Poland_mapCapital: Warsaw
Population: 38.6 million (2015 est. World Factbook)
GDP: € 883 billion (2014 est. World Factbook)
GDP/capita: €  23,184 (2014 est. World Factbook)

Fish production:
Capture: 169,775 tonnes live weight (2014, Eurostat)
   Aquaculture: 33,336 tonnes live weight (2014, Eurostat)
   Export value: € 1.3 billion (2013, Eurostat)
   Import value: €1.4 billion (2013, Eurostat)

Overview of the Polish fisheries and aquaculture sector (Currently under review)

Fishing sector
The Polish fleet consists of two major segments, the Baltic and long-distance fisheries. In 2012, the total catch of the Polish fishing fleet was nearly 180 000 tonnes. Of this, the total amount of Baltic Sea landings was 120 000 tonnes, with a landed value of EUR 56 million. In terms of volume, the main species caught were European sprat (63 100 tonnes), Atlantic herring (27 100 tonnes) and Atlantic cod (14 800 tonnes). Atlantic cod generated the highest landed value in Baltic fisheries (EUR 17.8 million), followed by European sprat (EUR 14.6 million), Atlantic herring (EUR 12.1 million) and European flounder (EUR 4.6 million). The total amount of landings in the deep sea amounted to 59 000 tonnes, a 15% decrease compared to 2011. The main factor causing the decrease in deep sea catches were the termination of fleet activity on Antarctic Atlantic fishing grounds and the cessation of fishing for Chilean jack mackerel in the Pacific Ocean (outside the Chilean EEZ).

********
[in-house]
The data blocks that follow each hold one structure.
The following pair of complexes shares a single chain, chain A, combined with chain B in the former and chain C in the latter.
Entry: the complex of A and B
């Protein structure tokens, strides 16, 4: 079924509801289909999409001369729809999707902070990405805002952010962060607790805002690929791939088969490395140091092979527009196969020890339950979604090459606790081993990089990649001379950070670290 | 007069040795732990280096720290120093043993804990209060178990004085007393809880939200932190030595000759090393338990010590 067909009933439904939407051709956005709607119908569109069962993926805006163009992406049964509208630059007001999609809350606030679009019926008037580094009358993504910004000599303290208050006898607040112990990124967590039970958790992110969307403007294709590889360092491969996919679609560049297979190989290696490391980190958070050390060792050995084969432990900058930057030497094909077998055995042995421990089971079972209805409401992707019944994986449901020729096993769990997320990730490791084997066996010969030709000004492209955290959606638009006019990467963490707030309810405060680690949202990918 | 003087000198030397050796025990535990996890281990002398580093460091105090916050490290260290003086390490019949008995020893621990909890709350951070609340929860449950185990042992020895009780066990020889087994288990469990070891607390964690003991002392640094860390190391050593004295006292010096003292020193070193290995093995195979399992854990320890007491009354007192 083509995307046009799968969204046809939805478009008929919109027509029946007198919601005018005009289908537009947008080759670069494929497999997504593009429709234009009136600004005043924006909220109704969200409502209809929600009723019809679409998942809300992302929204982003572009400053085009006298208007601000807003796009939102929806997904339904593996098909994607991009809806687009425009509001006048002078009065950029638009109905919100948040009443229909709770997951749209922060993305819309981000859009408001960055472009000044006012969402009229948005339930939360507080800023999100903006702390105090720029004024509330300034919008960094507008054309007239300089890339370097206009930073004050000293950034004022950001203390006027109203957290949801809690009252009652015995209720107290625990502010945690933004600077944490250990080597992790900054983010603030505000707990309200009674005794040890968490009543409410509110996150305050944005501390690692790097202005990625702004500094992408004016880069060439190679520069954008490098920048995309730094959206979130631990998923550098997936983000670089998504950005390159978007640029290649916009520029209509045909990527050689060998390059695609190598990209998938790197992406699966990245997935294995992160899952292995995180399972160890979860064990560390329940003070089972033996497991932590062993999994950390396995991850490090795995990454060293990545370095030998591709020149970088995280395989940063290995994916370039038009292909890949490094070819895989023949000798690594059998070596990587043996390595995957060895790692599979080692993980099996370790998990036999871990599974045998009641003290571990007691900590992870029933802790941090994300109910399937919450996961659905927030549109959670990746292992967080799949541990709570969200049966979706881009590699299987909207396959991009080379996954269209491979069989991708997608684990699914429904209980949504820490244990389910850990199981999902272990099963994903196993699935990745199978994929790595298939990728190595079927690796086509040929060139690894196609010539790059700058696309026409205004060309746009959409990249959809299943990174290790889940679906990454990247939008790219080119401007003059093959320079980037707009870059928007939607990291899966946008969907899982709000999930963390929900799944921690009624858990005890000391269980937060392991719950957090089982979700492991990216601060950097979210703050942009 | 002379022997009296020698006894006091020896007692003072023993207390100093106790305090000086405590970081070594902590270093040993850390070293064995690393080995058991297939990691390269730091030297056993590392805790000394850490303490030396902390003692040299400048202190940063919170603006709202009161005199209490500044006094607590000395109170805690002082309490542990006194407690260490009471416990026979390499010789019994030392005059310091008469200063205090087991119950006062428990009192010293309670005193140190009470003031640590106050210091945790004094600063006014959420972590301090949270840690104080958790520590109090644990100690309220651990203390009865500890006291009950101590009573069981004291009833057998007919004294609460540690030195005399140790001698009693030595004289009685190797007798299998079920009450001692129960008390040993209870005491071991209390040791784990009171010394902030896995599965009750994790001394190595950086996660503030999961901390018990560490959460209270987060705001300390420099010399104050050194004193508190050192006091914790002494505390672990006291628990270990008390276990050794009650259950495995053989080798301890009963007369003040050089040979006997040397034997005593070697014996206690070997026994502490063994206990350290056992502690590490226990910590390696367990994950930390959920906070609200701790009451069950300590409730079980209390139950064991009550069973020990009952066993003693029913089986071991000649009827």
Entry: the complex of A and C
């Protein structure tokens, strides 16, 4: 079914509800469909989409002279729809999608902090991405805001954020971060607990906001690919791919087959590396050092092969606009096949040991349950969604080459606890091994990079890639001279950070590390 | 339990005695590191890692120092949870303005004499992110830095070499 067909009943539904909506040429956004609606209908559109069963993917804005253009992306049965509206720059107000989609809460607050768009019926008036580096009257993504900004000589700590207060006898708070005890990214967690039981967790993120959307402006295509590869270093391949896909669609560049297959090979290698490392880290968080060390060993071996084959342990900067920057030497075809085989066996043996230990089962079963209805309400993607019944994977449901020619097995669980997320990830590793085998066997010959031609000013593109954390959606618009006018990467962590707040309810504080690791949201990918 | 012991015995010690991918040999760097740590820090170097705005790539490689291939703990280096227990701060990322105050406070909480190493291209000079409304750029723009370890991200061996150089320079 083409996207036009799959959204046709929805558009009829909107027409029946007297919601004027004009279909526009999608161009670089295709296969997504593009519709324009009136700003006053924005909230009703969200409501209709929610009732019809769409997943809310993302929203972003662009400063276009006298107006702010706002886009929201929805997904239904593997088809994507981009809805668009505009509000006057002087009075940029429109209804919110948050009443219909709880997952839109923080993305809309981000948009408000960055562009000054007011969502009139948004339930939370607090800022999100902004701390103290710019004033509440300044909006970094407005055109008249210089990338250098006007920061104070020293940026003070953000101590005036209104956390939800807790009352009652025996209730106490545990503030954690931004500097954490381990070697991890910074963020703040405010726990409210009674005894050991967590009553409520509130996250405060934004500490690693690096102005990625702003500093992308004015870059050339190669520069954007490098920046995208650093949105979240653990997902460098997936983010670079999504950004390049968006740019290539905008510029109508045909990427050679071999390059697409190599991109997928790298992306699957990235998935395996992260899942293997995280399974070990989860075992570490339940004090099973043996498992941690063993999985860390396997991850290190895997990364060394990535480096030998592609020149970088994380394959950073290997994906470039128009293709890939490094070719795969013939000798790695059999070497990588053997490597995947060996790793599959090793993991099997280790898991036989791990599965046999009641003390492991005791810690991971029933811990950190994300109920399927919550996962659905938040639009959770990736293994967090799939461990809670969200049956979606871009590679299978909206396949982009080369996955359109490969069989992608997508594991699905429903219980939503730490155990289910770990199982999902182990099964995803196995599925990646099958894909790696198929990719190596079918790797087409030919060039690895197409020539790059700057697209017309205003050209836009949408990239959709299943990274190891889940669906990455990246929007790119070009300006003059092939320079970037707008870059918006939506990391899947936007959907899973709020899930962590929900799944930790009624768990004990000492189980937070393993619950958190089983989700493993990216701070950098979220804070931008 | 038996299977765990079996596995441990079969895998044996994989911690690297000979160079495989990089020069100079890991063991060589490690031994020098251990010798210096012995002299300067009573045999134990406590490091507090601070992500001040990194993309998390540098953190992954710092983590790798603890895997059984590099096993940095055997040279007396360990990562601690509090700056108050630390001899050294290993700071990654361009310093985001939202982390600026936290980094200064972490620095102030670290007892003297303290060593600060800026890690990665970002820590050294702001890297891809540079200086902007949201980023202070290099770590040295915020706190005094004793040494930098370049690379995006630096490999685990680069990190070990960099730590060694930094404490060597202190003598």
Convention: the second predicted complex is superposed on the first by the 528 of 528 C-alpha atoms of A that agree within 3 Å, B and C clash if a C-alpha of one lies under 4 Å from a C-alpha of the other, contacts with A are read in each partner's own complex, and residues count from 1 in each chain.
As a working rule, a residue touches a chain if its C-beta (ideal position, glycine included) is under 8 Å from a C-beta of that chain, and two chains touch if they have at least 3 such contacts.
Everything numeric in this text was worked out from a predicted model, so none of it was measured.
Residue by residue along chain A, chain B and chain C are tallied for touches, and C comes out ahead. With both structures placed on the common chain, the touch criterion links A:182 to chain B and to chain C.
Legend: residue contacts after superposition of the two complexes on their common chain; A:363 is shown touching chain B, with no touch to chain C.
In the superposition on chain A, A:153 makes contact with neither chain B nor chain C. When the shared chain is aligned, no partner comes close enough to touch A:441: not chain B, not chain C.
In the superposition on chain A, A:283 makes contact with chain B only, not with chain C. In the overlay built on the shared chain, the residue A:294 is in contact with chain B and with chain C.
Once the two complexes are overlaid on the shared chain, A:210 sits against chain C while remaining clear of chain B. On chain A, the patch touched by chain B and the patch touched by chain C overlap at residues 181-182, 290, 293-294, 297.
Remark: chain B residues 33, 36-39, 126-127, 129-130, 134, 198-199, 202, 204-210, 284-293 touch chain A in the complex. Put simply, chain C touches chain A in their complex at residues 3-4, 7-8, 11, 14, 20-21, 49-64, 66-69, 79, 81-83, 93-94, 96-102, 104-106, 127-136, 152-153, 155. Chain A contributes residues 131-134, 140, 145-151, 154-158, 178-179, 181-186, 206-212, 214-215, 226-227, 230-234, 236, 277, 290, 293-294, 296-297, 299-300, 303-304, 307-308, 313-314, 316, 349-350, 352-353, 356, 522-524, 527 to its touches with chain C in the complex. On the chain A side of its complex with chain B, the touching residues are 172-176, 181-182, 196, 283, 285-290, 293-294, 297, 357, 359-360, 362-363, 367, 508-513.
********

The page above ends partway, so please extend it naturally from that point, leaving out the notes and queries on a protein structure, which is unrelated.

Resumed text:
In 2012, the national fleet consisted of 805 active and 38 inactive registered vessels, with a combined gross tonnage of 34 000 GT, a total power of 83 000 kW and an average age of 28 years. Between 2008 and 2012, the number of vessels decreased 9% and GT and kW decreased 26% and 23%, respectively. This is due to the decommissioning programme implemented in the country after the EU accession, as well as the Fishing Effort Adjustment Plan adopted in 2010. The Polish small-scale fleet consisted of 556 registered vessels, with a combined gross tonnage of 2 700 GT, a total power of 21 400 kW and an average age of 21 years. The inland fisheries production from the country’s 270 000 ha of lakes was approximately 2 142 tonnes, of which bream was the main species (724 tonnes), followed by pike (273 tonnes), roach (247 tonnes), vendace (207 tonnes), perch (150 tonnes), tench (148 tonnes) and other species.